Band-Joist Areas
The band-joist area is typically a major site for air infiltration. These areas are usually very poorly insulated, causing one of the most significant thermal bypass areas. If the home is under a positive pressure (air pushing out from inside) in a heating climate, the air is likely to be at a high humidity level. This can cause frost, and eventually mold, to build up on the back side of the band joist. In a cooling climate that is under negative pressure (air pulled inward — a condition that's commonly caused by leaky HVAC ducts), this can pull hot, humid air from outside, where it is likely to condense and lead to mold problems. The sealing properties of ccSPF will reduce these air-infiltration and energy-loss problems in this troublesome area.

Sloping Roof Areas
The sloping areas in a cathedral ceiling can be the sites for significant thermal bypasses. These areas are not only difficult to insulate but are difficult to ventilate. Yet ccSPF solves both problems. Placing ccSPF directly on the underside of the roof deck also creates a secondary rain barrier, and because of ccSPF's high R-value and low permeability, moisture is not likely to condense on its surface, eliminating the need for cavity ventilation.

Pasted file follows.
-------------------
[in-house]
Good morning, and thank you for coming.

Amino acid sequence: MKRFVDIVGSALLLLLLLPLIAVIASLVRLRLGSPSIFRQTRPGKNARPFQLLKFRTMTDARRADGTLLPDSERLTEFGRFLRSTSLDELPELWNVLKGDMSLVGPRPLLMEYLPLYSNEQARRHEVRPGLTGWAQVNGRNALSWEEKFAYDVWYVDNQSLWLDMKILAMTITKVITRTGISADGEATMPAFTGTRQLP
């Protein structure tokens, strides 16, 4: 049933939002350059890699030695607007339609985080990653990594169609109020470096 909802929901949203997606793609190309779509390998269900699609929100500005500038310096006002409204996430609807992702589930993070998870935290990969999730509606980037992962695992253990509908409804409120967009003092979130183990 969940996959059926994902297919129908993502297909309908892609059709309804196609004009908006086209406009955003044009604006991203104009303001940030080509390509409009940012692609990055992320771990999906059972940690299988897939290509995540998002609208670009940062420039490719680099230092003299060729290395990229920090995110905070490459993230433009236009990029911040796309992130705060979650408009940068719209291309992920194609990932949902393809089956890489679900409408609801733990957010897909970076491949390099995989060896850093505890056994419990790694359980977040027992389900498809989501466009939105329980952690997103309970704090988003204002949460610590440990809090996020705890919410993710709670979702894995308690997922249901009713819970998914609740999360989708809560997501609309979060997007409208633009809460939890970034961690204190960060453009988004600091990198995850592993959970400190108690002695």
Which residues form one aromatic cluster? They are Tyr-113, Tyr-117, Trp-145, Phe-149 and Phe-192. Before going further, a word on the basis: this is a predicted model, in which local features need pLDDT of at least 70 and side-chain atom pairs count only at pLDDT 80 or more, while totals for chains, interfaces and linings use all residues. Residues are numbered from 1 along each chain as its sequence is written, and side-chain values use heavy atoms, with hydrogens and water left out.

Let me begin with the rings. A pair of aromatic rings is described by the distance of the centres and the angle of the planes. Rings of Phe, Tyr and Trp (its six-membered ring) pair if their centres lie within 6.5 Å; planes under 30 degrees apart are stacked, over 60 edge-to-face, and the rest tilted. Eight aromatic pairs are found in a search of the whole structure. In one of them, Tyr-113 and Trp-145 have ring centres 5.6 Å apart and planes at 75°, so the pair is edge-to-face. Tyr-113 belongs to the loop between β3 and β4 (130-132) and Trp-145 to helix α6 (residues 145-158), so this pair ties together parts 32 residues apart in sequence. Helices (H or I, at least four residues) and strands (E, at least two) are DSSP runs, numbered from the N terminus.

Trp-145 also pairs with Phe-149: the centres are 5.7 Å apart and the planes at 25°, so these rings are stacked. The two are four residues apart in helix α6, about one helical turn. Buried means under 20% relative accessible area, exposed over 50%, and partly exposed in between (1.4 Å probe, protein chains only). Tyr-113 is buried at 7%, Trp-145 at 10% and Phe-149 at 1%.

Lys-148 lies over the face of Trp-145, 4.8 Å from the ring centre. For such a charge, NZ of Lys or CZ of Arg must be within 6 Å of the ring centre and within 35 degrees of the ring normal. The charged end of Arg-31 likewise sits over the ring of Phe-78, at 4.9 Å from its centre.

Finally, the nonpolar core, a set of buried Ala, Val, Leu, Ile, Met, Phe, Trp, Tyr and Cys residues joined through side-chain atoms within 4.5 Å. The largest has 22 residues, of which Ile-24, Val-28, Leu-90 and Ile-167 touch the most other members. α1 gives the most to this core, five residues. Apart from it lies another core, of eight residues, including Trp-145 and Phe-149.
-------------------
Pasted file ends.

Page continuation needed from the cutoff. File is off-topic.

Living Spaces Over Garages
Living spaces over garages create conditions that demand careful attention to insulating the floor. Yet it is difficult to support the insulation in this cavity, and oftentimes the insulation falls onto the garage ceiling. This separation between the insulation and the living space floor creates a thermal bypass that compromises the value of the insulation. Air easily infiltrates in at the band-joist area over the top of the insulation, which scavenges away heat. This often freezes plumbing pipes, creates cold floors, and can lead to major mold and water damage. Builders often try to solve the problem by supplying forced-air heat near the plumbing, but this only succeeds in pressurizing the space with warm, humid air. As this air exfiltrates through the exterior cracks, it can condense and lead to even worse moisture and mold problems at the band-joist areas.


  • Spray foam insulation in the crawl space is a superior insulation product that overcomes several disadvantages of other insulation products. Spray foam can provide a more uniform, consistent thermal barrier as well as provide stack effect / air flow retarding functions.

Attic and Crawlspace Bypasses
Attic and crawlspace bypasses are penetrations into the living spaces. Pipes, ducts, flues, and electric wires are the most common reason for these penetrations, and the best way to seal them is often (but not always) with ccSPF. Because ccSPF expands and seals, it does an excellent job of filling voids that allow conditioned air to escape.